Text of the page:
Wader mananged to chat with Brooklyn-based Prince Rama, a duo of sisters Taraka and Nimai Larson whose latest album Top 10 Hits of the End of the World, released by Animal Collective´s Paw Tracks imprint, has the duo performing as “10 different pop bands that died during the apocalypse, channeling the ghosts of each one to perform the various songs”. As part of their European tour, Prince Rama will be playing a gig on Tuesday in Tallinn, cinema Sõprus, where in addition to their live show their film Never Forever will be screened.

Photo by Samantha Casolari

Photo by Samantha Casolari

So far the only time I have managed to see you perform was at Schilling festival last summer where you ended up dancing ecstatically in the crowd. How did you like the festival?

Taraka Larson: Yeah! I loved it. It was so amazing. That was our first time ever in Estonia.

Nimai Larson: It was beautiful.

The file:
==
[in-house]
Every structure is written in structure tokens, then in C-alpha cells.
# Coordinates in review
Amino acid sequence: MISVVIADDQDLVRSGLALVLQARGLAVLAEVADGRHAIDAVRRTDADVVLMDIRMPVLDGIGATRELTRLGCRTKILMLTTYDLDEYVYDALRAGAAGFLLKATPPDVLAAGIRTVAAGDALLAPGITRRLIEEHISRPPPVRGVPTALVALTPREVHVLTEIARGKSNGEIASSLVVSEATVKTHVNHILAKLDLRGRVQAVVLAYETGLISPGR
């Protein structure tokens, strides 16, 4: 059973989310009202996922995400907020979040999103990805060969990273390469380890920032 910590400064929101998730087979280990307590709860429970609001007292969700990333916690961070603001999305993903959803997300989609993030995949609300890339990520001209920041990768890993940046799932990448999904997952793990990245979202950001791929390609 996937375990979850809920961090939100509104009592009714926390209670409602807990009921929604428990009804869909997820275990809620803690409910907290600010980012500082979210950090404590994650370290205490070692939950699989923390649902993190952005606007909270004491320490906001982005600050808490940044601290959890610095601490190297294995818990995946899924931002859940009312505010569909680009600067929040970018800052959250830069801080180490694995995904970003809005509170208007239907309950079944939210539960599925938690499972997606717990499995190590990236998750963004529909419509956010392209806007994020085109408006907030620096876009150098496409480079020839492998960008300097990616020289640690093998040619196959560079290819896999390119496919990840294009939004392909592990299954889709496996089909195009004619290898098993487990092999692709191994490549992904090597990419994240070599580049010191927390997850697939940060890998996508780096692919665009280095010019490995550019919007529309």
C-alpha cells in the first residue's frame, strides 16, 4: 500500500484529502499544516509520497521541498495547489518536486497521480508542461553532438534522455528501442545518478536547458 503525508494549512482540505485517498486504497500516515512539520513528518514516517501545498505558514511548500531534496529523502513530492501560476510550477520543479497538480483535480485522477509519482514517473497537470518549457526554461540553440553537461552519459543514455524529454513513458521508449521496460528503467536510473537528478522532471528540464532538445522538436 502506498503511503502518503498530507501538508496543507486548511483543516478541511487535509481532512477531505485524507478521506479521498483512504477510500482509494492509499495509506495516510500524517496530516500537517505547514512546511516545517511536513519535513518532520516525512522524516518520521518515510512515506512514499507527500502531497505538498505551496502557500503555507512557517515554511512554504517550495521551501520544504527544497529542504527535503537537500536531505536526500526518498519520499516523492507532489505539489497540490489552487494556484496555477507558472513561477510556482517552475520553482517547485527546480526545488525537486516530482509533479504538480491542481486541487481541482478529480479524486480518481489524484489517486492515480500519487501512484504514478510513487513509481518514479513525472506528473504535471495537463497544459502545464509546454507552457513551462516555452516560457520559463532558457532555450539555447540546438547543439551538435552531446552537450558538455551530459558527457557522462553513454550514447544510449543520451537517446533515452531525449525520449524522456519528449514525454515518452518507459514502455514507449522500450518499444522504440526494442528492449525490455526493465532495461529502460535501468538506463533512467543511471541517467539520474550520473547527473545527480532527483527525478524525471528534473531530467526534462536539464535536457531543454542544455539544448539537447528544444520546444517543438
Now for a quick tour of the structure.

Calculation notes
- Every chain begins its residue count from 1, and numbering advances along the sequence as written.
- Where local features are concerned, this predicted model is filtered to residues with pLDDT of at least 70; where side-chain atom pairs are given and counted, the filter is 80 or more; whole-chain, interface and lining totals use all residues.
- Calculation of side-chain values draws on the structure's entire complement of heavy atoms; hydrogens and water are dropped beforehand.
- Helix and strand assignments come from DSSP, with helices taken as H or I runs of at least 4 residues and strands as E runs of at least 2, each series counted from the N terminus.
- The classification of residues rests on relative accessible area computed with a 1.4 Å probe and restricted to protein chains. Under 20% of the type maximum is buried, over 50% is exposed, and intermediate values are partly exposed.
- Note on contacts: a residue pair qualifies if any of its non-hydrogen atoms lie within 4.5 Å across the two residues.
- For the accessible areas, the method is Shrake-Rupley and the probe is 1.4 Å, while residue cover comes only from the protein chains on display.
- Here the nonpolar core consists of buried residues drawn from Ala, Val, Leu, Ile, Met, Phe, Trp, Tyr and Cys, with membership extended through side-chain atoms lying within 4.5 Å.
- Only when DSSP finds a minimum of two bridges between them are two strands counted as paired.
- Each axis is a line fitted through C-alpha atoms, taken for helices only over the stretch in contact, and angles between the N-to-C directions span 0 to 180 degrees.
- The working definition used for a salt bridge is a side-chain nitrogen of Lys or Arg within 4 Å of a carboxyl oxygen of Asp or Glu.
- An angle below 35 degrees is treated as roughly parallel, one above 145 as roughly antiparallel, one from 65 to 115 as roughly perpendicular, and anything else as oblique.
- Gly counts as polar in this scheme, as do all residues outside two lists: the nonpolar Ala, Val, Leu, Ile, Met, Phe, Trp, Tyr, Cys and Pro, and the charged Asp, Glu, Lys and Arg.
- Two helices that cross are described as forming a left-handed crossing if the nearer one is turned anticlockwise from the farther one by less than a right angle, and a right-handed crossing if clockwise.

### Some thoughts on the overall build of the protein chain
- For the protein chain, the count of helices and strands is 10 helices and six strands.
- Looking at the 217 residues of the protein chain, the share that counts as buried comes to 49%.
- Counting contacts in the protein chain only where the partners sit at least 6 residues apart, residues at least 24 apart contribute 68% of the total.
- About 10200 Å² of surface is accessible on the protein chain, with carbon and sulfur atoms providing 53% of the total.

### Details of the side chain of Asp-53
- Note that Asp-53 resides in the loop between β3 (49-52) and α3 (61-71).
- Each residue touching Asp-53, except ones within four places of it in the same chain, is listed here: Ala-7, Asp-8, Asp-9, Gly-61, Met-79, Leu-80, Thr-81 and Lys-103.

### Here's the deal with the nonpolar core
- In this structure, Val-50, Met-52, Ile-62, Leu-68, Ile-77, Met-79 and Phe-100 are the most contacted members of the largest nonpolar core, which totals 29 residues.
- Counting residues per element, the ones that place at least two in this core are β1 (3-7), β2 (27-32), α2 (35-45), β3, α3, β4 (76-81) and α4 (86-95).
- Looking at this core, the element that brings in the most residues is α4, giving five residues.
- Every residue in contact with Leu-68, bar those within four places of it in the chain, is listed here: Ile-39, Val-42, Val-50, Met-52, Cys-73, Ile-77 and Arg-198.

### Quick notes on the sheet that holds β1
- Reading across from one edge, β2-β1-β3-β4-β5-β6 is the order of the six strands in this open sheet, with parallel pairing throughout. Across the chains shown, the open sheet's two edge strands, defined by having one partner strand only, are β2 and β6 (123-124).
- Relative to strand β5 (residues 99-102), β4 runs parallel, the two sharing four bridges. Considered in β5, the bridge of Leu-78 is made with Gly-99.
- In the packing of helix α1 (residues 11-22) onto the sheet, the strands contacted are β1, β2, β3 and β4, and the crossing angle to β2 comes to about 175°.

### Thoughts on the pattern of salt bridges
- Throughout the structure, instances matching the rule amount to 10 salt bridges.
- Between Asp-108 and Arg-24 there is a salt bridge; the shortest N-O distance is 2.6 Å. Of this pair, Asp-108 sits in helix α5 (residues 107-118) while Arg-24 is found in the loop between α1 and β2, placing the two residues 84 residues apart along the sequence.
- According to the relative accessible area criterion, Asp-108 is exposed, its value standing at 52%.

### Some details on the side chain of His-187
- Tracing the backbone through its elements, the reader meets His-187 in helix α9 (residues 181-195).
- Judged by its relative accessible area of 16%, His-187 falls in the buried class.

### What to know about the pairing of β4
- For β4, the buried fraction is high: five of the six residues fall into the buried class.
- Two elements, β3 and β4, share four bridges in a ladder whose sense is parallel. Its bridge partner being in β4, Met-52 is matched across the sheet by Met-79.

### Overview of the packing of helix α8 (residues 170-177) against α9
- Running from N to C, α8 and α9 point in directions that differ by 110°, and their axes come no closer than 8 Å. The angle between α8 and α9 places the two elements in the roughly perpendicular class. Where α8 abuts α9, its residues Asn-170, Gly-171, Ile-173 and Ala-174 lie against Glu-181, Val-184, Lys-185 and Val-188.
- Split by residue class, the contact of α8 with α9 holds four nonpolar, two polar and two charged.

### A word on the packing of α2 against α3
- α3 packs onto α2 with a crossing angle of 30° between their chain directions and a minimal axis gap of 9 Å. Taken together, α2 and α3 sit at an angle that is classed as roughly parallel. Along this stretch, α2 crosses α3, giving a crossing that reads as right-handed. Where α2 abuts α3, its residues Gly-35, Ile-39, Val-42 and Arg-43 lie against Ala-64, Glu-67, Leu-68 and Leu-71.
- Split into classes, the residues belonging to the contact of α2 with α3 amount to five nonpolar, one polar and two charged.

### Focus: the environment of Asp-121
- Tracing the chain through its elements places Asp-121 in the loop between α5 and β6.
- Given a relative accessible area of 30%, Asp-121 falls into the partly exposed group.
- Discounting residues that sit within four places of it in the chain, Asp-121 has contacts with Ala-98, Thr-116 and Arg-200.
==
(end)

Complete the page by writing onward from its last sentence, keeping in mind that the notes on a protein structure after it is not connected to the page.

Did you get to see any bands yourself?

T. L.: Yeah, we saw Sean Nicholas Savage and a bunch of Estonian bands. I can not remember their names, but I remember being blown away.

N. L.: They were so good.

Your musical concept lies on the principles of Now Age. Can you briefly explain what is Now Age?

T. L.: What are you doing right now?

Sitting in my room, interviewing you.

T. L.: Well, there you go. You got it!

You recently published a Now Age manifesto which describes the basic ideas of your band. One of the points in your manifesto brings out the notion of Ghost Modernism which describes how “today’s sonic landscape is more and more haunted by the icons of the past so the music nowadays is a like a zombie that feeds on the relics of the past”. How can we come out of this state in your opinion? Do you think it is particularly a bad thing?

T. L.: You mean do I feel the ideas are not so original anymore?